Author Topic: Pizza Roller  (Read 3681 times)

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Offline Steveinid

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Pizza Roller
« on: November 30, 2011, 11:14:30 PM »
I was out somewhere recently and watched the person behind the counter use a roller on pizza dough. They stretched the dough out and put it down flat. Then they got out a roller with little spikes or something like little spikes and rolled it over the pizza dough leaving small indentations in the dough.

What is the purpose of that piece of equipment?  ???


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Re: Pizza Roller
« Reply #1 on: December 01, 2011, 06:53:37 AM »
The tool is called a dough docker. Docking prevents large air bubbles from forming in thin crust pizza skins. Some pizzerias use a sheeter, a rolling machine that uniformly reduces the thickness of the dough ball, so thin that several layers can be laminated together and then by pressing the docker over the cut out crust aids in sticking the layers together while allowing the layers to remain distinct.


Online Pete-zza

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Re: Pizza Roller
« Reply #2 on: December 01, 2011, 08:50:49 AM »

See also,8405.msg72655.html#msg72655. As noted in one of the posts in that thread, Papa John's routinely uses a dough docker for all of its skins. I believe that in PJ's case it helps open up the dough balls easier, possibly by partially dismantling the gluten structure, thereby reducing the natural propensity of the dough to shrink back, especially if the dough is cold when worked. This is a fairly old video but you can see a PJ worker using a dough ball, quite aggressively in his case: . According to Tom Lehmann, one is supposed to only make a single pass across the skin. Otherwise, according to Tom, you are likely to end up with what he calls a "poker chip" (see his post at the PMQ Think Tank at I have seen PJ workers work a skin with a dough docker unmercifully, such that the rim, even after baking, was riddled with holes.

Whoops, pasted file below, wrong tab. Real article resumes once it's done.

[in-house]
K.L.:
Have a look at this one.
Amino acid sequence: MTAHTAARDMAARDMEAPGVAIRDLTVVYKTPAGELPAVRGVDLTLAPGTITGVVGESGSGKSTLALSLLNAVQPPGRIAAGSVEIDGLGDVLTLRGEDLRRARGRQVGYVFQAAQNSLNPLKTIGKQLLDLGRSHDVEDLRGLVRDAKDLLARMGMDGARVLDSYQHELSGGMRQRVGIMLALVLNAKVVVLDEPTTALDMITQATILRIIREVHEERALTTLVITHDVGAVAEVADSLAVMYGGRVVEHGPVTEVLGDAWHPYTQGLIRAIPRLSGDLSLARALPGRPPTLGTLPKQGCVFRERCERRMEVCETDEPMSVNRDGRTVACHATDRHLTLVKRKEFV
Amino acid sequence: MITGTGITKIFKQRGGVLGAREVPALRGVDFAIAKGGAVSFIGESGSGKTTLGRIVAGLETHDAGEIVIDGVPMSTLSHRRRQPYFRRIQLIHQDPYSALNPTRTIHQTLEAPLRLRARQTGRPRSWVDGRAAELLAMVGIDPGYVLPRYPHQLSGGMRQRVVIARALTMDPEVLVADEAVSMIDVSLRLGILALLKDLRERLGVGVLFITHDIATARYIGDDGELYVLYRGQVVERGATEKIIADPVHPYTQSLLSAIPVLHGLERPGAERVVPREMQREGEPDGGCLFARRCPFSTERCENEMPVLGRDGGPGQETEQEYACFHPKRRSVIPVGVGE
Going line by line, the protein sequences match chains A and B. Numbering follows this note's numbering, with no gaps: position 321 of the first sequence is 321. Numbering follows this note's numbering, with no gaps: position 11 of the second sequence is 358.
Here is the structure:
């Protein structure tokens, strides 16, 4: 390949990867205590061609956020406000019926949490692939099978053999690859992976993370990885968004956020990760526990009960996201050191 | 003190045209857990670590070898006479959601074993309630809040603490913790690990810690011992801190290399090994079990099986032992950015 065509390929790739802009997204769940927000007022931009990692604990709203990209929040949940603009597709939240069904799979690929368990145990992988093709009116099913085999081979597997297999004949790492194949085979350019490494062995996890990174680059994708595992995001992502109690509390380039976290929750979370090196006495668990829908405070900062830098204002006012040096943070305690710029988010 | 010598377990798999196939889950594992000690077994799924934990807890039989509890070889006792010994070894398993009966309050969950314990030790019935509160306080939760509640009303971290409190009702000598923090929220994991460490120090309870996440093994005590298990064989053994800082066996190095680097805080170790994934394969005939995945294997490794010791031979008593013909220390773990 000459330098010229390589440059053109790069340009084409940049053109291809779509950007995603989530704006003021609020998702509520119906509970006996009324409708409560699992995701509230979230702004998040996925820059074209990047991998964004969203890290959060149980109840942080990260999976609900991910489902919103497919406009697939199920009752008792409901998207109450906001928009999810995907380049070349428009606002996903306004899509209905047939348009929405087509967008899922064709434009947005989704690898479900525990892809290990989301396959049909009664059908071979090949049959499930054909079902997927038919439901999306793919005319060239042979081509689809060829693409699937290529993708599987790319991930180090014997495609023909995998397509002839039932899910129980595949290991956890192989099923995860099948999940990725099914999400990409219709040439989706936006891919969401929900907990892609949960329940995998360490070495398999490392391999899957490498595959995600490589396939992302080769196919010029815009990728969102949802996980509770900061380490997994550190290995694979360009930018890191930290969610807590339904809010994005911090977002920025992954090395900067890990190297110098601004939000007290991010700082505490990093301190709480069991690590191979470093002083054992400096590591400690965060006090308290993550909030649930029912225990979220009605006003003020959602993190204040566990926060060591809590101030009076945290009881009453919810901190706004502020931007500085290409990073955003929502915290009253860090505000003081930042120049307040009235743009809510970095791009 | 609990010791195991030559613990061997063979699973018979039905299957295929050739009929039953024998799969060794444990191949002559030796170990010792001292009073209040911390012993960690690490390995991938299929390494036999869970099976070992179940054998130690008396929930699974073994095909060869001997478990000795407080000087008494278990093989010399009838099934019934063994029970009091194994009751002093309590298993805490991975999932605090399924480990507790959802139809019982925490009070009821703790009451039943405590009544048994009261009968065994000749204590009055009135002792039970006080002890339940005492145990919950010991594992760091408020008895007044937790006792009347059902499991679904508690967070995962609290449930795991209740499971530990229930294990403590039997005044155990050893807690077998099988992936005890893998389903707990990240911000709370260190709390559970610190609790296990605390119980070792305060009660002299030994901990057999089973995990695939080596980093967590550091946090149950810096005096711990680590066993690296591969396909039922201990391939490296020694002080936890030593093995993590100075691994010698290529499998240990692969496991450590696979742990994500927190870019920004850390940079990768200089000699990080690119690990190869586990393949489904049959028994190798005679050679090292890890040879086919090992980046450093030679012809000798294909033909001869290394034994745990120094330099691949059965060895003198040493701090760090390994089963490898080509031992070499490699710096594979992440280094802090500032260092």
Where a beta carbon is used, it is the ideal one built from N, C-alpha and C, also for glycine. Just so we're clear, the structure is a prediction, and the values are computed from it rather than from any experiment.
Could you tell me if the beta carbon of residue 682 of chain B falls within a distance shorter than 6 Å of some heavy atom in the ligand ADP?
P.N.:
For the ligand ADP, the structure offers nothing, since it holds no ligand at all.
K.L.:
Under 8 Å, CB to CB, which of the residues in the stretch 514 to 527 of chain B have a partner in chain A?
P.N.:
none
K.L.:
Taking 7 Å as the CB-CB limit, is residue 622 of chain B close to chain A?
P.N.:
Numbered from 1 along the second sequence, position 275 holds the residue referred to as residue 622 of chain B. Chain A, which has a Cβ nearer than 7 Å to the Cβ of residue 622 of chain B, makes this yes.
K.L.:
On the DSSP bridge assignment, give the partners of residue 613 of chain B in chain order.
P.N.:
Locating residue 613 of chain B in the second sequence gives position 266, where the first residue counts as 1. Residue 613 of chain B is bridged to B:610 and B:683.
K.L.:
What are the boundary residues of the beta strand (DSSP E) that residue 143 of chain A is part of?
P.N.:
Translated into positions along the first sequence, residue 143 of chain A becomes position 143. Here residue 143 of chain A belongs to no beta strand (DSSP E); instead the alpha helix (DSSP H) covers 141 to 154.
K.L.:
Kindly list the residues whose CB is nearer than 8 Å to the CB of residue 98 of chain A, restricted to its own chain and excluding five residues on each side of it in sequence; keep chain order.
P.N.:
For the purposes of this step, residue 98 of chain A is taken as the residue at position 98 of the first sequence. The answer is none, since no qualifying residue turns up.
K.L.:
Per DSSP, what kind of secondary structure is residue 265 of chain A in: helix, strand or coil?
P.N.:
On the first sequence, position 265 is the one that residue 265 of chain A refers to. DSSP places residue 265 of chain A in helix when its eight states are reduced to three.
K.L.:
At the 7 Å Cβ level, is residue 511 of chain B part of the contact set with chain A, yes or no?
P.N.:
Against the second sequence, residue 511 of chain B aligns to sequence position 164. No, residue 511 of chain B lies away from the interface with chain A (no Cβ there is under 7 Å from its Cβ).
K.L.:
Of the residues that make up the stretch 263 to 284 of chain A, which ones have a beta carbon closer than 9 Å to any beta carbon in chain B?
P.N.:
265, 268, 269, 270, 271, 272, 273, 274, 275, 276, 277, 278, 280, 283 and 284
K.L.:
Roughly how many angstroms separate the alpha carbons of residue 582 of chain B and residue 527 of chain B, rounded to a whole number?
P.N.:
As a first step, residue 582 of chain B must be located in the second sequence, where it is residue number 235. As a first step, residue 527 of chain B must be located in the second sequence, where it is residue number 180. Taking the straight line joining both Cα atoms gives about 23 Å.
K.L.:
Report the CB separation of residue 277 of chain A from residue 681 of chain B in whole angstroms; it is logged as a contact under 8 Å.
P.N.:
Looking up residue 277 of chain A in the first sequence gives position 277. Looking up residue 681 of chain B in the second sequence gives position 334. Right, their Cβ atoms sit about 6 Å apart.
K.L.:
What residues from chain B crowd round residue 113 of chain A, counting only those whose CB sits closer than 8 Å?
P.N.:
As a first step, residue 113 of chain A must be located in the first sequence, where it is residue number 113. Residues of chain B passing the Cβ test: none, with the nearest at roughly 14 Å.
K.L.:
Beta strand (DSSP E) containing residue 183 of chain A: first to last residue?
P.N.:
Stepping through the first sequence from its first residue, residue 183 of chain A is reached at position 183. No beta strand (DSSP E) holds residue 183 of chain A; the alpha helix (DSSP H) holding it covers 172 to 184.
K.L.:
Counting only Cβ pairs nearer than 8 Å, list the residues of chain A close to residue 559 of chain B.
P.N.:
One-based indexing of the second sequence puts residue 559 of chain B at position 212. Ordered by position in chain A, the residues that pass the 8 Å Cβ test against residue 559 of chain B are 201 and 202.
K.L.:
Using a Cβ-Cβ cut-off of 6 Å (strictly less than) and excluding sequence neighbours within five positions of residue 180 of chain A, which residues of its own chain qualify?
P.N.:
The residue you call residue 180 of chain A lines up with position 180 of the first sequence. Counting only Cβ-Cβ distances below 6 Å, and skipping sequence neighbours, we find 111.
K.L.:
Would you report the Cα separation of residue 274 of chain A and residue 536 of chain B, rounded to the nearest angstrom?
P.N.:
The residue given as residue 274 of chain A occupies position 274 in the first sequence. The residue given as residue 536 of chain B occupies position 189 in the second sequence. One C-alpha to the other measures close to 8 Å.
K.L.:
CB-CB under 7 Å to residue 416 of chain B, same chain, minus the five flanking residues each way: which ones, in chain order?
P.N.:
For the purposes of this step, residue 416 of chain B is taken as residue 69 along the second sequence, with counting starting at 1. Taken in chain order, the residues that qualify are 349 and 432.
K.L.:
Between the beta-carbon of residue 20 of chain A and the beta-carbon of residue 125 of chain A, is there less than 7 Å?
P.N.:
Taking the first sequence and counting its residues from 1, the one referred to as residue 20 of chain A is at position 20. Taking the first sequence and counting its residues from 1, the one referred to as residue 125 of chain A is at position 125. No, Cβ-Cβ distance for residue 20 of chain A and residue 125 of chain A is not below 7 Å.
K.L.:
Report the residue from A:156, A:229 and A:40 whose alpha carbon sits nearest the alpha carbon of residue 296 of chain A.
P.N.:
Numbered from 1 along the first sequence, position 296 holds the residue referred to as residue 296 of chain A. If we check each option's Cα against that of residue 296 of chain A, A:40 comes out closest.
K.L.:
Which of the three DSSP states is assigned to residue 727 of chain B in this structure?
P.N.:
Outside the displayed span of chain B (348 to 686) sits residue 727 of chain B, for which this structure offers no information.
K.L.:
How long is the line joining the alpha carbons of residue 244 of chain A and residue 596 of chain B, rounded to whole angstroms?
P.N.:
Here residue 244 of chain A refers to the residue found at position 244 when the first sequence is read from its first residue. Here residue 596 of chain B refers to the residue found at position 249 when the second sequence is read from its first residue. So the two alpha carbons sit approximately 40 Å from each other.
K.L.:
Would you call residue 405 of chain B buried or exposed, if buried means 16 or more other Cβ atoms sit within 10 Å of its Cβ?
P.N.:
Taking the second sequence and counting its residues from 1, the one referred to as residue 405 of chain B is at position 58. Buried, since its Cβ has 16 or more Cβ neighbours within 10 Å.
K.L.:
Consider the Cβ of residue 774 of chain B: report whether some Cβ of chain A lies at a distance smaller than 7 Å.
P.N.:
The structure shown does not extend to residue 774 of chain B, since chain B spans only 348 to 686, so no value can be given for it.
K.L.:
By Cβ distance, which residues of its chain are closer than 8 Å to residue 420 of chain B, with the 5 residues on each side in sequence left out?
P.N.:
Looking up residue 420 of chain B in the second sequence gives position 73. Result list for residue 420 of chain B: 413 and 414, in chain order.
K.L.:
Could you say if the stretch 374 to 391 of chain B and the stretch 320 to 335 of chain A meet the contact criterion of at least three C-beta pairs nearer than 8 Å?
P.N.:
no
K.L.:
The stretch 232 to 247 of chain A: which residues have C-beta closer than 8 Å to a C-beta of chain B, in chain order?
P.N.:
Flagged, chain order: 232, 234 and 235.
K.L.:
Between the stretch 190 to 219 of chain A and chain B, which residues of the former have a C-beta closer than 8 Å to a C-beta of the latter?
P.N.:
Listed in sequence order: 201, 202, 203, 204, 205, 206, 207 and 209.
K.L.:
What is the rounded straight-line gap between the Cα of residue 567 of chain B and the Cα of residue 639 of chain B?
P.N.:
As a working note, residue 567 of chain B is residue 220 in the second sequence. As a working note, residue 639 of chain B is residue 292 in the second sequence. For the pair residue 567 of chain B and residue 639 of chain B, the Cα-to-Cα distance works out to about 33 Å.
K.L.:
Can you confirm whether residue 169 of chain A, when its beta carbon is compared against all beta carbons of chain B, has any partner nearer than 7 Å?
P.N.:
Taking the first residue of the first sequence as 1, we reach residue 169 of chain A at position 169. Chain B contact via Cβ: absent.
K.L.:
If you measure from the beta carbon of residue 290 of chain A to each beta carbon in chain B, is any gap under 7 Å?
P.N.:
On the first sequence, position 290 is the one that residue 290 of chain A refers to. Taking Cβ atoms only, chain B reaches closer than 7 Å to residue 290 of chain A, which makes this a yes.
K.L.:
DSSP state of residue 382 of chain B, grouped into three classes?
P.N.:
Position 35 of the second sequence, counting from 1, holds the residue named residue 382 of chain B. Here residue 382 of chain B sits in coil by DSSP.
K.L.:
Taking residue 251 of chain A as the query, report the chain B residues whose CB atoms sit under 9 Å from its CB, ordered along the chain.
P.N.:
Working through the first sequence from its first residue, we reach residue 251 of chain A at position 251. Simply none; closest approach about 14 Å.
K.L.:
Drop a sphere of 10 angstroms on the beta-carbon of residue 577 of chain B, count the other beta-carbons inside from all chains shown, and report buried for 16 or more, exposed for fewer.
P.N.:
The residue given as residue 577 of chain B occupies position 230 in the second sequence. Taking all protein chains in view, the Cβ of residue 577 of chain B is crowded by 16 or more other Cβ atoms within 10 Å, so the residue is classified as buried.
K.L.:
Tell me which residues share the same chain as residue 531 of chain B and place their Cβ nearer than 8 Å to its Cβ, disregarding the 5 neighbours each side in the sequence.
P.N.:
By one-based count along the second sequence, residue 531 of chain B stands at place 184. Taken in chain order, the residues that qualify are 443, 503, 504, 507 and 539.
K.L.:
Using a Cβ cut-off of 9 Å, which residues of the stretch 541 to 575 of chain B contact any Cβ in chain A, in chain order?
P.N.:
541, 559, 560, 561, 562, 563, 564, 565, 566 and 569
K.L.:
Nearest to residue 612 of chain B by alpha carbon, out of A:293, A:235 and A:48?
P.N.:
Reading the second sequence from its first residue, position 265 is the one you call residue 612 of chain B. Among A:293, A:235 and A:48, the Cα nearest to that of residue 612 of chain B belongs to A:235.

Based on my experience, I would say that a dough docker is most commonly--and properly--used to make cracker-style skins, typically in conjunction with a roller or sheeter, as Don noted. For other styles, it is usually a crutch and as a way of using cold or underfermented or insufficiently tempered dough.